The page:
Beginning socialization, feeding the correct amount, giving medications, and teaching basic commands.Mental and Physical Development
Beginning Socialization Most puppies begin life fearlessly approaching new things, but many will begin to grow more cautious around five weeks of age. After 12 weeks, caution may outweigh the tendency to approach new things, making it difficult for the puppy to accept new situations. Now is the time for your puppy to interact with a wide range of people, animals and places to prepare them for the rest of their life.
At 10 weeks, your puppy should be experiencing new things every day. But bad experiences are worse than no experiences, so be careful. Introduce new activities gradually, and never push your puppy to the point that they're scared. Your goal is to have them become comfortable around other people and animals, and in unknown places and situations. Introduce them to different floorings, stairs, car rides and things they'll be doing later in life.
It is important for your puppy to have as many good experiences at this time as possible. Bad experiences later in life will leave less of a negative impression on your dog if they have been properly exposed to various situations as a puppy.
Feeding Most 10-week-old puppies are very excited about their food. Puppies expend an enormous amount of energy and, as a result, can develop a large appetite. However, it is important to feed your puppy the right amount of food to avoid unnecessary weight gain and unhealthy eating habits.
How much food your puppy needs depends on their size and the type of food. Puppies should be fed high-quality puppy food that has been certified by the Association of American Feed Control Officials. To improve digestion and ward off hunger, split up the total amount of food your puppy eats each day into three or four smaller feedings.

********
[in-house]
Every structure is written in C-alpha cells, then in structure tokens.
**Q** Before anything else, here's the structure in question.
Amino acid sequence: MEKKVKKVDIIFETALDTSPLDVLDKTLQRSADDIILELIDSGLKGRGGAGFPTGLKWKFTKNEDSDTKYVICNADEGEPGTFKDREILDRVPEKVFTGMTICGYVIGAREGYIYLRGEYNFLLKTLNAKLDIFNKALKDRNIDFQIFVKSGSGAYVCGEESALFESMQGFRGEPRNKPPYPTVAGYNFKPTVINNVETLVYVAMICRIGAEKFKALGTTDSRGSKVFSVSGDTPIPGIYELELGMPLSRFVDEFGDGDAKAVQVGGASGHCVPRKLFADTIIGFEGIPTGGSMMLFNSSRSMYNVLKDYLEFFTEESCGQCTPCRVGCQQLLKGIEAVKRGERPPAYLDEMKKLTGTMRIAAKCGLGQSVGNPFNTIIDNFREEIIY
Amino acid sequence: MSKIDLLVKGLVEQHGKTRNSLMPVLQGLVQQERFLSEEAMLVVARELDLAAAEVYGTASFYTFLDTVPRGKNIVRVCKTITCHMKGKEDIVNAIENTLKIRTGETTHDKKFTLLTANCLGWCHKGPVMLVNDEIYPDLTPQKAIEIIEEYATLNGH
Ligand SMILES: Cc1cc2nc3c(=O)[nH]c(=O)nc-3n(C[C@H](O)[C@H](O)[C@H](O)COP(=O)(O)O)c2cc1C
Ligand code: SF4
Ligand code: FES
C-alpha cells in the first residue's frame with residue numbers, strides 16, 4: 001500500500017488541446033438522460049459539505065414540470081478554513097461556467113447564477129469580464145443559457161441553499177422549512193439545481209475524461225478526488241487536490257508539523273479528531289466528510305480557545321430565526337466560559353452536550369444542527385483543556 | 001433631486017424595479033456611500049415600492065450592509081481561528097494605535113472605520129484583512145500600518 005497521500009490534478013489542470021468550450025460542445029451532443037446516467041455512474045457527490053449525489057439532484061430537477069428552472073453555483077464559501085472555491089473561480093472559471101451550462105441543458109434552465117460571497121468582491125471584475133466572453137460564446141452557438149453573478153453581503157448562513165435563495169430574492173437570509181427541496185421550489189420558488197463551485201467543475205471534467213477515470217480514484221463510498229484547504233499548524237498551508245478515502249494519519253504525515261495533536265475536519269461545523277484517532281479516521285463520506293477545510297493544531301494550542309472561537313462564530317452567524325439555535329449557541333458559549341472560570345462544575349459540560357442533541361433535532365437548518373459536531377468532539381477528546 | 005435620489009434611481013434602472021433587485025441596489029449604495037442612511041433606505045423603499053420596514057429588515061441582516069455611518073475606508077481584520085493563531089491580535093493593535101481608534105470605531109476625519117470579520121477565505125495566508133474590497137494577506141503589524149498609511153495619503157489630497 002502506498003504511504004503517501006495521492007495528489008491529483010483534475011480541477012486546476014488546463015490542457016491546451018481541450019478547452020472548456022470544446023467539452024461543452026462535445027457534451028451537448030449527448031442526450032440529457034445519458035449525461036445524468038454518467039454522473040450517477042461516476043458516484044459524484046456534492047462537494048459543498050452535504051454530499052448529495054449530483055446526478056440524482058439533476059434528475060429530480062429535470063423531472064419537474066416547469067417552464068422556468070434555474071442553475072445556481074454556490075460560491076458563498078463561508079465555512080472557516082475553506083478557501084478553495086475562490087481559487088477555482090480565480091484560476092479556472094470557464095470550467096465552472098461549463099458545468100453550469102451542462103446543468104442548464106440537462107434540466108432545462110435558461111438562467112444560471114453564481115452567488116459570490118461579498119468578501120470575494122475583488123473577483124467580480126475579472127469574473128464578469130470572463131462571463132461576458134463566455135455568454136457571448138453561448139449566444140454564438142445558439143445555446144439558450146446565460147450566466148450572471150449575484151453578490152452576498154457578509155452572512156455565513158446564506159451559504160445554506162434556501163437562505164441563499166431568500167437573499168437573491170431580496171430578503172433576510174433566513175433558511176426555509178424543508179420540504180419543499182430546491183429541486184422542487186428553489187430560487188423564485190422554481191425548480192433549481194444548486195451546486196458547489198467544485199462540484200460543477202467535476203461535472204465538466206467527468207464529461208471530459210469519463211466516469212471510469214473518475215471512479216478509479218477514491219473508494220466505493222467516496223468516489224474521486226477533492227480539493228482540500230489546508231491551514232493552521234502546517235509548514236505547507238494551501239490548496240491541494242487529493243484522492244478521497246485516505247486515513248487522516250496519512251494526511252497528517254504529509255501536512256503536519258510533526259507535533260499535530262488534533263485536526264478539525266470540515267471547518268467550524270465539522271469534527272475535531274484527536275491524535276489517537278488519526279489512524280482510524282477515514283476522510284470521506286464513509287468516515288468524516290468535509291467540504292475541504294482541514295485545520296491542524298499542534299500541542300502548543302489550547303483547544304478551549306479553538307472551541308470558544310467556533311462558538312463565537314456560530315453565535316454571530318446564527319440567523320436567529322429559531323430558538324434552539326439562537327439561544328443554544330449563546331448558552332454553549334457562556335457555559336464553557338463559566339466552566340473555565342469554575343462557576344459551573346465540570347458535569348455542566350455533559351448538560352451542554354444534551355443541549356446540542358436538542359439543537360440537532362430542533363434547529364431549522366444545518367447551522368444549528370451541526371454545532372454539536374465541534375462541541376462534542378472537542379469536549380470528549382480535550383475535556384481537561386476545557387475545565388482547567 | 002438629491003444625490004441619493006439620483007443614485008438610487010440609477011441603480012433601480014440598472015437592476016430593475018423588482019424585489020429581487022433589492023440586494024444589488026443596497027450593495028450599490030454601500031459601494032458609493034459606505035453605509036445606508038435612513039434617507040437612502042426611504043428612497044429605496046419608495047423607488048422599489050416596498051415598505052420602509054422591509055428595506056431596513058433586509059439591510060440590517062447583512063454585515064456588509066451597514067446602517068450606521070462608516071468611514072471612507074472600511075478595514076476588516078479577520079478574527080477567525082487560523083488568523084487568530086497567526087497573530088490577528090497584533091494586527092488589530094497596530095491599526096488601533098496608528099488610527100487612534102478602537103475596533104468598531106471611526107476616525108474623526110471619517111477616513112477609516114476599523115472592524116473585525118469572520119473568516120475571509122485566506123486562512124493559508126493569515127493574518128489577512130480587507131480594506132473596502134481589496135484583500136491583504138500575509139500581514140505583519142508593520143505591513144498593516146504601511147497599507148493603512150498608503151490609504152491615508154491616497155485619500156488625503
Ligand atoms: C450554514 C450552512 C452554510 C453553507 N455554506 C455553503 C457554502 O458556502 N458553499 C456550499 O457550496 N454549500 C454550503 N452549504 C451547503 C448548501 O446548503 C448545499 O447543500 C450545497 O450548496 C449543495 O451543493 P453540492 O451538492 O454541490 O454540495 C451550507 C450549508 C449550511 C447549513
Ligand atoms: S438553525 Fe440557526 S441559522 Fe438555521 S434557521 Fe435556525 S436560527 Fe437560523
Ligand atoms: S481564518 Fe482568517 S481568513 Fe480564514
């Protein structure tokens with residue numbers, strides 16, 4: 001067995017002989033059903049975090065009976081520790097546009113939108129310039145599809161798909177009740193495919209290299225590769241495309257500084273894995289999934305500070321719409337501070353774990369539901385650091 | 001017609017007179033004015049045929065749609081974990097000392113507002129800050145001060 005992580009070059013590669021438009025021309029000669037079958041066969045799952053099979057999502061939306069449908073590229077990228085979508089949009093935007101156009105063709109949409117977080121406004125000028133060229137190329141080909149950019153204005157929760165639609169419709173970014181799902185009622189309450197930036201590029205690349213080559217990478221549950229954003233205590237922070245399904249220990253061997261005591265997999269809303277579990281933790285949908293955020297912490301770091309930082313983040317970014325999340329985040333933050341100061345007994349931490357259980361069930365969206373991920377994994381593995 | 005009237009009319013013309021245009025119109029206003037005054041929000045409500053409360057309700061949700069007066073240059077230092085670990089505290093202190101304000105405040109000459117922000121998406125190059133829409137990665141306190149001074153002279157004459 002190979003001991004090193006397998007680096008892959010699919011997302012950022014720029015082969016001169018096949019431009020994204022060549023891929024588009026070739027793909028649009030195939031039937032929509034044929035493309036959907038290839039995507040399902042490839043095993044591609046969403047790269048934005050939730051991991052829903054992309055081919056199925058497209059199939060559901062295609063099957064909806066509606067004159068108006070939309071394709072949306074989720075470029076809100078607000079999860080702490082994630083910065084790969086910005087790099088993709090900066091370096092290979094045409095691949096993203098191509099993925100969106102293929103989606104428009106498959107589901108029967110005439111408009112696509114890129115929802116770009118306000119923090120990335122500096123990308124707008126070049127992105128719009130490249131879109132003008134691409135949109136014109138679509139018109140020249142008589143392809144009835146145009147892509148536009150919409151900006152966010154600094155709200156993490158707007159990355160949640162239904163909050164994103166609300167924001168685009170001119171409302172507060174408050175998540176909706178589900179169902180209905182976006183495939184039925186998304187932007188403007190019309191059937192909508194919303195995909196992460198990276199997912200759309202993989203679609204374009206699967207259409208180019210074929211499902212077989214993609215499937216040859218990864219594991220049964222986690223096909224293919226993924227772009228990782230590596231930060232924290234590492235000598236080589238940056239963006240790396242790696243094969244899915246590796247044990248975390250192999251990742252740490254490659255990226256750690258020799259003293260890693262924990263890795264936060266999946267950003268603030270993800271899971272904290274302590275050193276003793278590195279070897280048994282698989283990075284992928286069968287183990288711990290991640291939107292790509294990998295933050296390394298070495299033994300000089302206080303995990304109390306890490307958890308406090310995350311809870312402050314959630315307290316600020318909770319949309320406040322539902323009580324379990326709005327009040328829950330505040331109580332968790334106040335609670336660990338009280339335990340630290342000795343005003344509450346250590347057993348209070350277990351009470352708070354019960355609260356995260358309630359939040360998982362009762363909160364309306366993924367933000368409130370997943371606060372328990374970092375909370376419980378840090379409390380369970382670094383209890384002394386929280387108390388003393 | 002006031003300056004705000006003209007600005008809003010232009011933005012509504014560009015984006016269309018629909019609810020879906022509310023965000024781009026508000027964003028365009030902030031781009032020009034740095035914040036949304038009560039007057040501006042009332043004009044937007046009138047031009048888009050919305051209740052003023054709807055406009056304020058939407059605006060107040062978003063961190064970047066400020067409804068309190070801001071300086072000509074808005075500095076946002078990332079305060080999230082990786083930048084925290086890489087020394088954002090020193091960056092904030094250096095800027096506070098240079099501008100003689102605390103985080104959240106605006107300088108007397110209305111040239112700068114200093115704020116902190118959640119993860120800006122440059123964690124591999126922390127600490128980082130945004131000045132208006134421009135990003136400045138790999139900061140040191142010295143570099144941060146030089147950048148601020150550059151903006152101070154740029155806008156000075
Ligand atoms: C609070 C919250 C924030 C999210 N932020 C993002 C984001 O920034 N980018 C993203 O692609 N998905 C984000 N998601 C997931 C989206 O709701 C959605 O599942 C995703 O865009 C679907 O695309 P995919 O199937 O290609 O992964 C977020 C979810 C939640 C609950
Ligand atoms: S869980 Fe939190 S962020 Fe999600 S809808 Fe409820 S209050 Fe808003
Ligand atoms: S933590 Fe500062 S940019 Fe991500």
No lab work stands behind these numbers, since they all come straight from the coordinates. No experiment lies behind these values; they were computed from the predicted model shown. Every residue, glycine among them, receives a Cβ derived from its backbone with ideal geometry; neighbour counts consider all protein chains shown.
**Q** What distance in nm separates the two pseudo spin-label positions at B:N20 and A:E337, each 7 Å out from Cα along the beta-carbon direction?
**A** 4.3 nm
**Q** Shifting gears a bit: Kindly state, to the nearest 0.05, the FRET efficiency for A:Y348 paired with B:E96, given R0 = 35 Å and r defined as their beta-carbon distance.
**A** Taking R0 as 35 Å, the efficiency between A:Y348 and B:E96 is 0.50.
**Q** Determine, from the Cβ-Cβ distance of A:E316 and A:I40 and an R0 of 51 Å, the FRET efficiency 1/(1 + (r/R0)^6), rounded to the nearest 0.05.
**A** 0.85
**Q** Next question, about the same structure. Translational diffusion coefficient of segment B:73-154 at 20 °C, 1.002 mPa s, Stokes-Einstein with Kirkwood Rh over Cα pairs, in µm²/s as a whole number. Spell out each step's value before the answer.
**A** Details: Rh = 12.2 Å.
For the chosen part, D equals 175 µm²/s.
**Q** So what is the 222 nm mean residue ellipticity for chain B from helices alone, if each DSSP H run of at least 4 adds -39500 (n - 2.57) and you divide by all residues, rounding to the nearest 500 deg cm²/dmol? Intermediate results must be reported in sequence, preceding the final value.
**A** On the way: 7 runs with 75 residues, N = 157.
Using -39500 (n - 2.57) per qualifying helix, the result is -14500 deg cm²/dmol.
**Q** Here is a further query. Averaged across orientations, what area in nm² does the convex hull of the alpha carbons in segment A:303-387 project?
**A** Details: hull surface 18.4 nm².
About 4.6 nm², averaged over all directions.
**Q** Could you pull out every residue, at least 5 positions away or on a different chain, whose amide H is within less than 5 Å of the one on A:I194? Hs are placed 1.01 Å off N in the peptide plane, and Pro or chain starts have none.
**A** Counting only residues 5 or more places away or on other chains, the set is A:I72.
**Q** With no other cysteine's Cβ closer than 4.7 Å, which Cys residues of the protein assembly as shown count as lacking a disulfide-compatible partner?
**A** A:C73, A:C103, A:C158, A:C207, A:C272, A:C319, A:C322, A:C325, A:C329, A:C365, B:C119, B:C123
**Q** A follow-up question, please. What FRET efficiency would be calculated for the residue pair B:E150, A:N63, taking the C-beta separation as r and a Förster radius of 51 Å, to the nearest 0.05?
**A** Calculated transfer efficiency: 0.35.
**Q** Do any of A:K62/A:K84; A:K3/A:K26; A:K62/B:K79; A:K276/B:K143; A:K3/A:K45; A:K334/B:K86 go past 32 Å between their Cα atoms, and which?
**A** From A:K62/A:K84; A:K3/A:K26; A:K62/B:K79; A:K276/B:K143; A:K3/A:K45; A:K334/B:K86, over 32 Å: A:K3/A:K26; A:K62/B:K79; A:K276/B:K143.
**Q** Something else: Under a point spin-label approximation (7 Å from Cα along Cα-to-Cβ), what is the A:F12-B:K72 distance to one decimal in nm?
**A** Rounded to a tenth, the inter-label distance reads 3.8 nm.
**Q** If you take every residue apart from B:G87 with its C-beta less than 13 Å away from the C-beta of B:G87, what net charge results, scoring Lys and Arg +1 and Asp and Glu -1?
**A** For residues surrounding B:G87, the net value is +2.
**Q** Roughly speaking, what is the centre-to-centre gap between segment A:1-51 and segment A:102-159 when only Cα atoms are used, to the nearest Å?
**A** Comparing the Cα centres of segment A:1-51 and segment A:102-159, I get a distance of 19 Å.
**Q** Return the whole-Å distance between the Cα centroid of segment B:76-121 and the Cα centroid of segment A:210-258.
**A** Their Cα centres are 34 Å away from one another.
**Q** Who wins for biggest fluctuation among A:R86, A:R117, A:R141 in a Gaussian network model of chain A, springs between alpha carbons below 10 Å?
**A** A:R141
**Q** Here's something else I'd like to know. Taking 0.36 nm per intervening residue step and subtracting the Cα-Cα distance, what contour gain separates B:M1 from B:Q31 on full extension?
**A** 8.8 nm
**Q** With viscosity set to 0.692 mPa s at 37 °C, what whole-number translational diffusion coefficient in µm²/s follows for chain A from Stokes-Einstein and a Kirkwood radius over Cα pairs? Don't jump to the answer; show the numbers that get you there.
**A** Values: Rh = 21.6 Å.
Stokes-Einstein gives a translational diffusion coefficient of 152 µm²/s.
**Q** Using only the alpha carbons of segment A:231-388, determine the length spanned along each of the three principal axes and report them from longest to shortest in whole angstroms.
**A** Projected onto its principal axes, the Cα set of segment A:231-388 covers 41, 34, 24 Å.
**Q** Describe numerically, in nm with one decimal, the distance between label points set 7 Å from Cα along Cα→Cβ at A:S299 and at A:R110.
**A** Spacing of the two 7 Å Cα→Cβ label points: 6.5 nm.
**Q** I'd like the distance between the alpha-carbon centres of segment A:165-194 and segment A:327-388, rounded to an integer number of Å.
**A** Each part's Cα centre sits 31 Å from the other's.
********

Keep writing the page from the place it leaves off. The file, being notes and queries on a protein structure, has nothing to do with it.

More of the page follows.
Talk to your veterinarian if you feel that your puppy is becoming too thin or too heavy.
Health and Veterinary Care: Giving Medication
All dogs will need to take medicine at some point in their lives, so now is the time to make the process easy and painless for both you and your puppy.
For pills, try the standard back-of-the-throat approach: Open your puppy's mouth, place the pill as far back as possible with your index finger, close their mouth and gently rub their throat. You can also buy a piller, a small plunger to use instead of your finger.
You can also try hiding the pill in liverwurst or peanut butter and giving it to your puppy. If they're the suspicious type, make three balls of liverwurst. Offer the first one to convince them that the food is safe to eat, followed by the second with the pill inside it and then the third to get them to swallow the second one quickly.
For liquid medication, pull out one of your puppy's cheeks and squirt it in. Follow with a treat.
Even if your puppy has no reason to take medicine now, this is the period in their life to teach them to be comfortable with the idea. You can practice by opening their mouth and placing part of a treat in it.
Training: Basic Commands
Your puppy is ready to learn basic commands such as sit, stay and come by 10 weeks of age. Your puppy will begin to associate words with actions through the use of treats and positive reinforcement such as petting and praise.
Keep lessons with your puppy short but frequent. Puppies have a hard time focusing on one thing for long periods of time, so they'll need frequent reminders in order to learn a specific word association. To avoid confusion, do not try to teach more than one command per session.
Puppies love rewards, so remember to reward them when they perform the right action. Treats work best at first, and then praise and petting. Always keep the lessons positive and fun because puppies also love games, and fun lessons will help your puppy form a closer, more positive bond with you.